• ITVI.USA
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  • OTRI.USA
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  • TSTOPVRPM.LAXDAL
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  • TSTOPVRPM.PHLCHI
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  • TSTOPVRPM.LAXSEA
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  • WAIT.USA
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    2.000
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  • ITVI.USA
    15,490.080
    101.010
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  • OTLT.USA
    2.900
    -0.016
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  • OTRI.USA
    20.760
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  • OTVI.USA
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  • TSTOPVRPM.ATLPHL
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  • TSTOPVRPM.CHIATL
    3.680
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  • TSTOPVRPM.DALLAX
    1.290
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  • TSTOPVRPM.LAXDAL
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  • TSTOPVRPM.PHLCHI
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  • TSTOPVRPM.LAXSEA
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  • WAIT.USA
    128.000
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NewsTrucking

Mexico puts military in charge of nation’s ports

Mexican President Manuel Obrador takes aim at drug smuggling and corruption

As part of a new nationwide anti-corruption initiative, Mexico’s land, air and seaports will be operated and monitored by the military, Mexican President Manuel Lopez Obrador announced  Friday.

Mexico’s army will now be in charge of the country’s 49 customs offices – including the Mexican side of ports along the U.S.-Mexico border – in an effort to combat corruption and the massive smuggling of drugs across ports of entry.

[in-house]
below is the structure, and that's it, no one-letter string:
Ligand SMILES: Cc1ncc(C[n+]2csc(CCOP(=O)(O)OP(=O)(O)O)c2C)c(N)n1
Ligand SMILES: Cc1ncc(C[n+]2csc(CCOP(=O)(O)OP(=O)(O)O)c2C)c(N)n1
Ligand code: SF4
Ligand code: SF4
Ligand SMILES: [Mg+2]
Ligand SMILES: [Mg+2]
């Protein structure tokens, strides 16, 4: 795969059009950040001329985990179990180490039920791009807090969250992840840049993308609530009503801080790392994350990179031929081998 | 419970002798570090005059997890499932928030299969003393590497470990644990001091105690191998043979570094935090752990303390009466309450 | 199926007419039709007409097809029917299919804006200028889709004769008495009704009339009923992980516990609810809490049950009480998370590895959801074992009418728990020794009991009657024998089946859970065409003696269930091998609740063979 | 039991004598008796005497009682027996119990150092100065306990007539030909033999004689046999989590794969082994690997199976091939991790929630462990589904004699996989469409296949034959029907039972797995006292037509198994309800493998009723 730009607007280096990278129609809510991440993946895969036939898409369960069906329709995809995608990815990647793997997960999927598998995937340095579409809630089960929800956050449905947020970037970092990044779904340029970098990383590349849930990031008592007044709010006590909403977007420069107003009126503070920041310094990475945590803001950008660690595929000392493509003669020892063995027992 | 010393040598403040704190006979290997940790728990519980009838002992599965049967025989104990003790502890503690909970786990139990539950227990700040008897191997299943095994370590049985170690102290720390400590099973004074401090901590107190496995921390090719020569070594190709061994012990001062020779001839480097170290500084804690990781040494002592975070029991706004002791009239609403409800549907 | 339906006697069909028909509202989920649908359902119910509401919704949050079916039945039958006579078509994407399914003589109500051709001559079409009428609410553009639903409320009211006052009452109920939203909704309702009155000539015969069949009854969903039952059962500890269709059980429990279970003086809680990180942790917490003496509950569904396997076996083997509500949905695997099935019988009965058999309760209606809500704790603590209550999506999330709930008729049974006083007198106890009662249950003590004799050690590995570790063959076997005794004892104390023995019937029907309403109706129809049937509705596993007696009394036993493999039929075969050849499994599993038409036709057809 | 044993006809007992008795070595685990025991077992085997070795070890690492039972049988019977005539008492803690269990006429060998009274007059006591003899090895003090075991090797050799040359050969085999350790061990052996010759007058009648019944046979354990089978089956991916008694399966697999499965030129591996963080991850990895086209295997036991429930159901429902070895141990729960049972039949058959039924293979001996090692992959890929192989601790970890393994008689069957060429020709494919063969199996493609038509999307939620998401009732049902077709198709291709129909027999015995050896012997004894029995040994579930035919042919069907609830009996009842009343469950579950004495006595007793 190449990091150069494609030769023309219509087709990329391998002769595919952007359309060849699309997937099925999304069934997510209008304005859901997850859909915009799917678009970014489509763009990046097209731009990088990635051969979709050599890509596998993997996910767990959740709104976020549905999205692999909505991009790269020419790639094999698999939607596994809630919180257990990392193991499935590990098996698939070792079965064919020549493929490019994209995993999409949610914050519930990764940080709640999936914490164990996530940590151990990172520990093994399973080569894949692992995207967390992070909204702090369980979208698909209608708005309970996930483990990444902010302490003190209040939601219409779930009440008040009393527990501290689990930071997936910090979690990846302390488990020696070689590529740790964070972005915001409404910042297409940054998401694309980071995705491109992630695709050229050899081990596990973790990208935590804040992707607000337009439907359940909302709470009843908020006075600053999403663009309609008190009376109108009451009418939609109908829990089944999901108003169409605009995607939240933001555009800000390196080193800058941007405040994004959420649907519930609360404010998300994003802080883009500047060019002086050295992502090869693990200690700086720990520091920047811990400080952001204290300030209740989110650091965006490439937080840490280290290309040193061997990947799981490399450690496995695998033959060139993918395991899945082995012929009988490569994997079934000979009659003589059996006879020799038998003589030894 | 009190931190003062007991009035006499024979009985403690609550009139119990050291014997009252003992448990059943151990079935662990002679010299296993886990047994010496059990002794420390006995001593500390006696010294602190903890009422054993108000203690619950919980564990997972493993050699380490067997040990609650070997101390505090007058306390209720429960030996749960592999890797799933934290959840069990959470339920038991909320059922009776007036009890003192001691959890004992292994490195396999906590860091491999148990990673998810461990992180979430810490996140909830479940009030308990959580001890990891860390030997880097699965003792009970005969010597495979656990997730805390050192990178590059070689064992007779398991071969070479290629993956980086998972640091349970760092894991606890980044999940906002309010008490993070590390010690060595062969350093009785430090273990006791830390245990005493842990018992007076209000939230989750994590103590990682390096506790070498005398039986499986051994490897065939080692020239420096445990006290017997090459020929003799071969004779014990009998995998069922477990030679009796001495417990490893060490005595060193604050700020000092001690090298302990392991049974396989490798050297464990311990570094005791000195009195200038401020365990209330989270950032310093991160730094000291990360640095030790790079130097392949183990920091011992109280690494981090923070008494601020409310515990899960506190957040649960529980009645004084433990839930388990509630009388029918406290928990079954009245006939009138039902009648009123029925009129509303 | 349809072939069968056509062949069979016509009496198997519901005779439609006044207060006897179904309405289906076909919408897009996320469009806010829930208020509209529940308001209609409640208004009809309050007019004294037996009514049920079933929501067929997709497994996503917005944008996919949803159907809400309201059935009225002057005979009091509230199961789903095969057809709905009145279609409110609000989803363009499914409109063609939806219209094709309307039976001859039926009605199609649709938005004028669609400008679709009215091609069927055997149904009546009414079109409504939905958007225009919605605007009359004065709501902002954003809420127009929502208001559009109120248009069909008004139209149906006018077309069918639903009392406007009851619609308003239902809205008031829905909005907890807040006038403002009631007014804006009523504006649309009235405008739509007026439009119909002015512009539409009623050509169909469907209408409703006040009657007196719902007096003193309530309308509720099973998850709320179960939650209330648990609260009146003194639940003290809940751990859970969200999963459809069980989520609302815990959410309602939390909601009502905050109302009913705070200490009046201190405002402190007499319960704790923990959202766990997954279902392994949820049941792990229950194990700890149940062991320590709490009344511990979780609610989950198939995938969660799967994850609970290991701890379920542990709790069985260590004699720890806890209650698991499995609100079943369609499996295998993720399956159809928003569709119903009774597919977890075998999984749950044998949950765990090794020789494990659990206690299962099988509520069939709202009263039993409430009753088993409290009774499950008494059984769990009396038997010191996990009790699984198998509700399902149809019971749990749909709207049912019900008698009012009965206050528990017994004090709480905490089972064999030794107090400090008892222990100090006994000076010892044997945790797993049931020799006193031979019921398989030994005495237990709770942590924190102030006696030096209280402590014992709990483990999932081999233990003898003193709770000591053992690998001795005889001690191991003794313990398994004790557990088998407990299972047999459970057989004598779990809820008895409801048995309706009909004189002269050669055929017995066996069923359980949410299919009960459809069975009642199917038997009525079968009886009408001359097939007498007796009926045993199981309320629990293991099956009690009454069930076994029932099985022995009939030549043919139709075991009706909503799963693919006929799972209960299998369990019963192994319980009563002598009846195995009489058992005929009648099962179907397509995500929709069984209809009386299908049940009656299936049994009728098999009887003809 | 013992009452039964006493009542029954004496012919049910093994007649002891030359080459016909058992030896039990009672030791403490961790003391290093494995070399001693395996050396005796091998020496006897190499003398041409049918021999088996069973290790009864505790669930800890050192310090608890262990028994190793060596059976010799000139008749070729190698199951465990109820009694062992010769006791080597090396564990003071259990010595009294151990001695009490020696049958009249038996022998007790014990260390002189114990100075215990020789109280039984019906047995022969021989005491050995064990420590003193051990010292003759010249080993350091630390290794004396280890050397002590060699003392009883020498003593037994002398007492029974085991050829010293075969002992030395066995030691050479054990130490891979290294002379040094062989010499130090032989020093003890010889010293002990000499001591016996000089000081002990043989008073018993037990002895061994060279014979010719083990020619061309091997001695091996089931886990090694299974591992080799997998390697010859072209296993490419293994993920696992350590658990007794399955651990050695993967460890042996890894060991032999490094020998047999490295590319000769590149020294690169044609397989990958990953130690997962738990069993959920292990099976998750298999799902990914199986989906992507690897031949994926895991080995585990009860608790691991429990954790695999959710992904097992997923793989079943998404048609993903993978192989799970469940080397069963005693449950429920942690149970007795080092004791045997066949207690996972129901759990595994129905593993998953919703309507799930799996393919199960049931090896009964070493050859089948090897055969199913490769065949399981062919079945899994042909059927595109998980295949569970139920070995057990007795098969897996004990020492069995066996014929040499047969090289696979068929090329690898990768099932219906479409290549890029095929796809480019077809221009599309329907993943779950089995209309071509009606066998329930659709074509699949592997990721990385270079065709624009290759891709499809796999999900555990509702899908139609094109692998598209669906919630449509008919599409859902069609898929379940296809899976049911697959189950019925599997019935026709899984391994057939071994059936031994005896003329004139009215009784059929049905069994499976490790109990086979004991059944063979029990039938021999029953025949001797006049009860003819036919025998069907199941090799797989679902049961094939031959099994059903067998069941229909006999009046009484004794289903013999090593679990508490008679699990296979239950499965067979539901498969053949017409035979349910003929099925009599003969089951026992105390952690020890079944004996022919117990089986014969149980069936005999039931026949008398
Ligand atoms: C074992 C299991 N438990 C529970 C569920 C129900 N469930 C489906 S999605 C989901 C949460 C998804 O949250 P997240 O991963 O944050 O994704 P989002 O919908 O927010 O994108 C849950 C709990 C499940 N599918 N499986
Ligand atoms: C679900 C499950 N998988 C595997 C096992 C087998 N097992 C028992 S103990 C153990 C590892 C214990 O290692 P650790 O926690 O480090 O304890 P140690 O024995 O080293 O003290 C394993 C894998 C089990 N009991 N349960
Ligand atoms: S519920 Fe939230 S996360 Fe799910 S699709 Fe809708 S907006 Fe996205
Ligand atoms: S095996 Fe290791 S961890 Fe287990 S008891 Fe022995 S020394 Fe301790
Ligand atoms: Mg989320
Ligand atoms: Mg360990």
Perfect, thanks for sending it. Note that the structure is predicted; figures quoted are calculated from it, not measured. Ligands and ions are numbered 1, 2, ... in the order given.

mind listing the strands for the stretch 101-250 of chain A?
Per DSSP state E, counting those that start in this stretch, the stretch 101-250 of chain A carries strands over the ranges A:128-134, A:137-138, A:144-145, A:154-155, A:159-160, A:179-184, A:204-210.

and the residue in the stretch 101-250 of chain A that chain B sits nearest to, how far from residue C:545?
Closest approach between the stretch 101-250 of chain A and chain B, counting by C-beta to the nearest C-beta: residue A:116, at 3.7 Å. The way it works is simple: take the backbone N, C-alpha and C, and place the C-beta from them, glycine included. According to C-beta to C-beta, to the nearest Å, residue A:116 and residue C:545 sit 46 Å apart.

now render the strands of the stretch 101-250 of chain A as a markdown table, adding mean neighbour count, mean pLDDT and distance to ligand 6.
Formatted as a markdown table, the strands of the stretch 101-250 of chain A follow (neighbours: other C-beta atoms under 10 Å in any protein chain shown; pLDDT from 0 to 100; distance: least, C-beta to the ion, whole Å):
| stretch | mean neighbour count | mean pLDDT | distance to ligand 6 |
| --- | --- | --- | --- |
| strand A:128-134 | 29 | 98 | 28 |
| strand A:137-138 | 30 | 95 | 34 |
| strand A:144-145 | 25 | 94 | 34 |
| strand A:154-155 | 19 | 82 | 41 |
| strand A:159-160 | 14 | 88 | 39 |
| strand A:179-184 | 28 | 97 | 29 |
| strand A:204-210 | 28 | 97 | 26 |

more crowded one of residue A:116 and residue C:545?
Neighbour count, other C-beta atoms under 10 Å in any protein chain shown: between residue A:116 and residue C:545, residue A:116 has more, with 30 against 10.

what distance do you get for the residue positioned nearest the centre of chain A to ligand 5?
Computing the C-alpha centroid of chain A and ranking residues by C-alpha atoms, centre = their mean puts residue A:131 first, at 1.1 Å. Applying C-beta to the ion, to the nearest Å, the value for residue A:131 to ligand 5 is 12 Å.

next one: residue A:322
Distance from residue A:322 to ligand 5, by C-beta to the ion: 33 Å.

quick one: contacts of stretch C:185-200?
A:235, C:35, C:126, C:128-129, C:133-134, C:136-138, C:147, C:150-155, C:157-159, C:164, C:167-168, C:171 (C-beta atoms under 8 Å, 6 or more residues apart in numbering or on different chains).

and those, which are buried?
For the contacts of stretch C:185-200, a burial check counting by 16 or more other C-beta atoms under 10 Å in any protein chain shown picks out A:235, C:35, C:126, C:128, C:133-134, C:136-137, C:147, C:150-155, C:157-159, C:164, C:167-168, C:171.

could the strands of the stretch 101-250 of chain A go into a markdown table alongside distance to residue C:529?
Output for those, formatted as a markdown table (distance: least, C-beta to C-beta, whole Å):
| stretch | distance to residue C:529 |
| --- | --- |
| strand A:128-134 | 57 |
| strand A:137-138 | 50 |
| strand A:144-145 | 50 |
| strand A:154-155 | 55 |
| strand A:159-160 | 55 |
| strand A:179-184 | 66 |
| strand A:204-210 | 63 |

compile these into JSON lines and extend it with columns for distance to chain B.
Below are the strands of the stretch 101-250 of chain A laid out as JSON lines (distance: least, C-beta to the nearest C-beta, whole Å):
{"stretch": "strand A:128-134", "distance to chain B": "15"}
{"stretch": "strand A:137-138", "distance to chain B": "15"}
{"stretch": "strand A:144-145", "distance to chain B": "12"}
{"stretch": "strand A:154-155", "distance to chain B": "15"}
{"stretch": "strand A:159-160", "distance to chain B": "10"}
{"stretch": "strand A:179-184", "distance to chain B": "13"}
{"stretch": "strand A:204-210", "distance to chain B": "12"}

“We have taken this decision about management of the port because of the mismanagement, the poor administration of the seaports, the corruption, the smuggling of drugs into the country through these ports,” Obrador said during his daily press briefing on Friday.

Obrador added that “ports, and especially customs, have long been enclaves of corruption. It is not just a matter of capacity, of professionalism, it is of honesty.”

Mexico has 49 customs offices or districts around the country. They include the border cities of Nuevo Laredo, Ciudad Juárez, Tijuana, Reynosa, Matamoros and Nogales, Arizona.

Mexico’s annual customs revenue was around $40 billion in 2018, according to Horacio Duarte, Mexico’s head of customs.

Trade industry professionals in Mexico said the initiative could slow the movement of goods across international borders.

“It is a decision that is part of a national strategy of militarization of the country, but it is part of an ignorance of the role that customs have in the Mexican customs system,” Manuel Díaz, CEO of Seko Logistics México, said in news outlet T21.

Some U.S. officials said it could be a step in the right direction.

“Mexico’s military given administrative control of customs, ports, this can help if it adds checks against them being paid off too,” tweeted Earl Anthony Wayne, a former U.S. ambassador and Mexico public policy fellow and adviser at the Mexico Institute in Washington.

Click for more FreightWaves articles by Noi Mahoney.

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Noi Mahoney

Noi Mahoney is a Texas-based journalist who covers cross-border trade, logistics and supply chains for FreightWaves. He graduated from the University of Texas at Austin with a degree in English in 1999. Mahoney has more than 20 years experience as journalist, working for newspapers in Florida, Maryland and Texas. Contact nmahoney@freightwaves.com

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